6 Comments

Summary:

Twitter got an interesting tech support call from a highly unique customer today: The Obama Administration, via the U.S. State department, which reportedly asked the microblogging service to delay a system upgrade in order to maintain the tsunami of history-making tweets about and emanating from Iran […]

Iran at Net cafeTwitter got an interesting tech support call from a highly unique customer today: The Obama Administration, via the U.S. State department, which reportedly asked the microblogging service to delay a system upgrade in order to maintain the tsunami of history-making tweets about and emanating from Iran via Twitter’s #iranelection topic in the wake of the country’s highly disputed presidential election. It’s unclear if high-ranking members of President Obama’s team were directly involved in this Twitter request; given that this is by far the country’s most Web 2.0-centric Administration, however, it’s possible they were. (Last April, the State Department included Twitter co-founder Jack Dorsey in a sponsored delegation of technology executives to neighboring Iraq, in order to show, among other applications, a spokesman explained, how “new technologies can be used to build local capacity, foster greater transparency and accountability, build upon anti-corruption efforts.”)

In any case, it’s fascinating to contrast this behind-the-scenes activity with the official statements coming from the White House. President Obama’s first public statement on the Iran turmoil yesterday was muted and highly cautious, taking pains (in light of historic U.S. interference in Iran) to emphasize that his Adminstration respects Iranian sovereignty and self-rule. (Critics have instead urged him to condemn Iran’s repressive tactics.) At the same time, however, his State Department is actively working with the central conduit of protest against Iran’s government: Twitter. As the President put it yesterday, “[W]e do believe that the Iranian people and their voices should be heard and respected.”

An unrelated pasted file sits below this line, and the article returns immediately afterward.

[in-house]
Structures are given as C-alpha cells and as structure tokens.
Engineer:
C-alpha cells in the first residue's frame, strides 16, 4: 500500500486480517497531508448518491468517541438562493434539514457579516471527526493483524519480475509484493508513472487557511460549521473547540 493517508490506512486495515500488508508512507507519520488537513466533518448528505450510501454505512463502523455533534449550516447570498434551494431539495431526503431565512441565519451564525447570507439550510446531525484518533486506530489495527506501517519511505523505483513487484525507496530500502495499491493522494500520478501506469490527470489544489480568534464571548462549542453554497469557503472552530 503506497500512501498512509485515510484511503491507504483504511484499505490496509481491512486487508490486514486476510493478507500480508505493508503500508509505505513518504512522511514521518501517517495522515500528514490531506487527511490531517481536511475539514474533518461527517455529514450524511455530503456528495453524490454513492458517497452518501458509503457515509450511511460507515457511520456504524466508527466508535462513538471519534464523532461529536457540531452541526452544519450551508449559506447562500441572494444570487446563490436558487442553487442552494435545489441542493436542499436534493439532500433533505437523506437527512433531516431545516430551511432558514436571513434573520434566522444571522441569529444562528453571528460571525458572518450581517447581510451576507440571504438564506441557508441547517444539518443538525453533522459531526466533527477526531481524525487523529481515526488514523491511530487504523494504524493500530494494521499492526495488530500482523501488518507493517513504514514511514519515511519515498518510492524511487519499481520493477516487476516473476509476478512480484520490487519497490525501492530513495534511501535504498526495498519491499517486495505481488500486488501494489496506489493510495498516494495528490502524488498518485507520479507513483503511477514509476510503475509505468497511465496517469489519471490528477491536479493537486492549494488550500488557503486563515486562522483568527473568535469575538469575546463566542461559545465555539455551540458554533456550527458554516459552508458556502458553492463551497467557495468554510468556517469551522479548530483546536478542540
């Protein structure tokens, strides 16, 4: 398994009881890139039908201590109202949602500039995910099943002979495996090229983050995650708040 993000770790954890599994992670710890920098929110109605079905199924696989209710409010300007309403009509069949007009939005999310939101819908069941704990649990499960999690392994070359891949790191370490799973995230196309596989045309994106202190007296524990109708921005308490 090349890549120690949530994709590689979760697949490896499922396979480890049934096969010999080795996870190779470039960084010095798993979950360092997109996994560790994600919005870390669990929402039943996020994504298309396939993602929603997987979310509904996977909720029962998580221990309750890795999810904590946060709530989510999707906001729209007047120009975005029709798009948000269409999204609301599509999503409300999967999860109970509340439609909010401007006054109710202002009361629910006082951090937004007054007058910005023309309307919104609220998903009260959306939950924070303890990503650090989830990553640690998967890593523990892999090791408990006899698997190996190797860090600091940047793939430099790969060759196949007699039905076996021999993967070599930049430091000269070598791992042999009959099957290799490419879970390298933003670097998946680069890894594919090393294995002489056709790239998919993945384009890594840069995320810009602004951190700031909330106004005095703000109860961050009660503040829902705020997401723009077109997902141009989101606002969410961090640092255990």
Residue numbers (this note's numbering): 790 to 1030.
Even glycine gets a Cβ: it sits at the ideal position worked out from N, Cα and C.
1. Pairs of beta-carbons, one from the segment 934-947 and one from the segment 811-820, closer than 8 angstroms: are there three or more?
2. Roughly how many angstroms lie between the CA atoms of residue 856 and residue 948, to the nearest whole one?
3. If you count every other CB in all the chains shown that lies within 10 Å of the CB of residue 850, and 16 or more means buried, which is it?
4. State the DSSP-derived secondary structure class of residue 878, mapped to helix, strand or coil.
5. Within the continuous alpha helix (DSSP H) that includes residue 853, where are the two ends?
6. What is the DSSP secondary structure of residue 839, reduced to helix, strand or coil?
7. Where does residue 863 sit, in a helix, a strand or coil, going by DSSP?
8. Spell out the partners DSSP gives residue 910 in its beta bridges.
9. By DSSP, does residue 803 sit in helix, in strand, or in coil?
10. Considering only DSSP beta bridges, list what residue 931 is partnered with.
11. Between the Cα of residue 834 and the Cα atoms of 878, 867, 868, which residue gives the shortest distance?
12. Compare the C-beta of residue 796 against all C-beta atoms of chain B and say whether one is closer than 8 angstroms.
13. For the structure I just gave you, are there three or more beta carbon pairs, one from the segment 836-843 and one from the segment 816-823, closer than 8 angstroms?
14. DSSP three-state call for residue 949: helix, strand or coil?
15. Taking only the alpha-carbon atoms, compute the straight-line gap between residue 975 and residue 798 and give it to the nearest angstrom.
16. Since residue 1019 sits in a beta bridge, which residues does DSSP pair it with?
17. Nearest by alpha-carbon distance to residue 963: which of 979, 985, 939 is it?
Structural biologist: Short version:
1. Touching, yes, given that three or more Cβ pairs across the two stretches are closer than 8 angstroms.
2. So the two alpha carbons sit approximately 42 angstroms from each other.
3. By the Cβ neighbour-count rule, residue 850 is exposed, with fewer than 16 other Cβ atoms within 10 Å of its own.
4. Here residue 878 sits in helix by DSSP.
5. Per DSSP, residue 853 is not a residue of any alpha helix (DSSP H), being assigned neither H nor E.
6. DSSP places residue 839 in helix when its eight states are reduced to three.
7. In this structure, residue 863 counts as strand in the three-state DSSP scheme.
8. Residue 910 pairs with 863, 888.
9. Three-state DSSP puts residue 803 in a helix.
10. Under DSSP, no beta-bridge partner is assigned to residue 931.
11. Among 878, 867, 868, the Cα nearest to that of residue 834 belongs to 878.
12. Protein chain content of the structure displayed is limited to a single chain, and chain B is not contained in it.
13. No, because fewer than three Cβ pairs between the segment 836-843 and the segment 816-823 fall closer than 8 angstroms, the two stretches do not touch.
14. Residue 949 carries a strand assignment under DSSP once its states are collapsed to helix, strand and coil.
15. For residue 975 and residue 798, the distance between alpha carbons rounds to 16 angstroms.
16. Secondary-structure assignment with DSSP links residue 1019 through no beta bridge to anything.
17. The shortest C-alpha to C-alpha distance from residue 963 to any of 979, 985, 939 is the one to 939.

Image courtesy of Wired’s Danger Room.

You’re subscribed! If you like, you can update your settings

  1. How do you know it’s not Sec. Hillary Clinton running the Twitter Iran show from the State Department on her own the same way her policy towards gay and lesbian employees in the State Department is at odds with her boss’ views on the Defense and Marriage Act as manifested by the DOJ’s recent actions?

  2. Twitter: No Internet Required Friday, June 19, 2009

    [...] with rudimentary technology can impact real-world events like Iranian elections. That’s how Twitter can change the way we [...]

  3. Biz Stone Talks Up the Future of Twitter Thursday, August 13, 2009

    [...] utility reached a whole new dimension this summer when Iranians took to tweeting in order to voice their opinions without being silenced by the government. But while the site has [...]

  4. Remembering 9/11 — A Time Before Social Networks Friday, September 11, 2009

    [...] news; examples include the TwitPic picture of the U.S. Airways plane in the Hudson River and when Iranians tweeted about the violent clashes between the government and protesters following that country’s [...]

  5. Will Trendistic Trump Trendrr for Tracking Twitter Trends? – GigaOM Friday, November 20, 2009

    [...] Martinez August 28, 2009 4 Comments 0 0 1 94 As we saw with the death of Michael Jackson and the Iranian election protests, statistics on tweets help to reveal how information spreads across the web. For many, Trendrr has [...]

  6. Chat Roulette Piano Improv Removed From YouTube Monday, March 22, 2010

    [...] online — but not only has it evolved as a community and communication means, events like the protests over last year’s Iran elections have proved the value of fast, mobile text communication. There may be more to Chat Roulette than [...]

Comments have been disabled for this post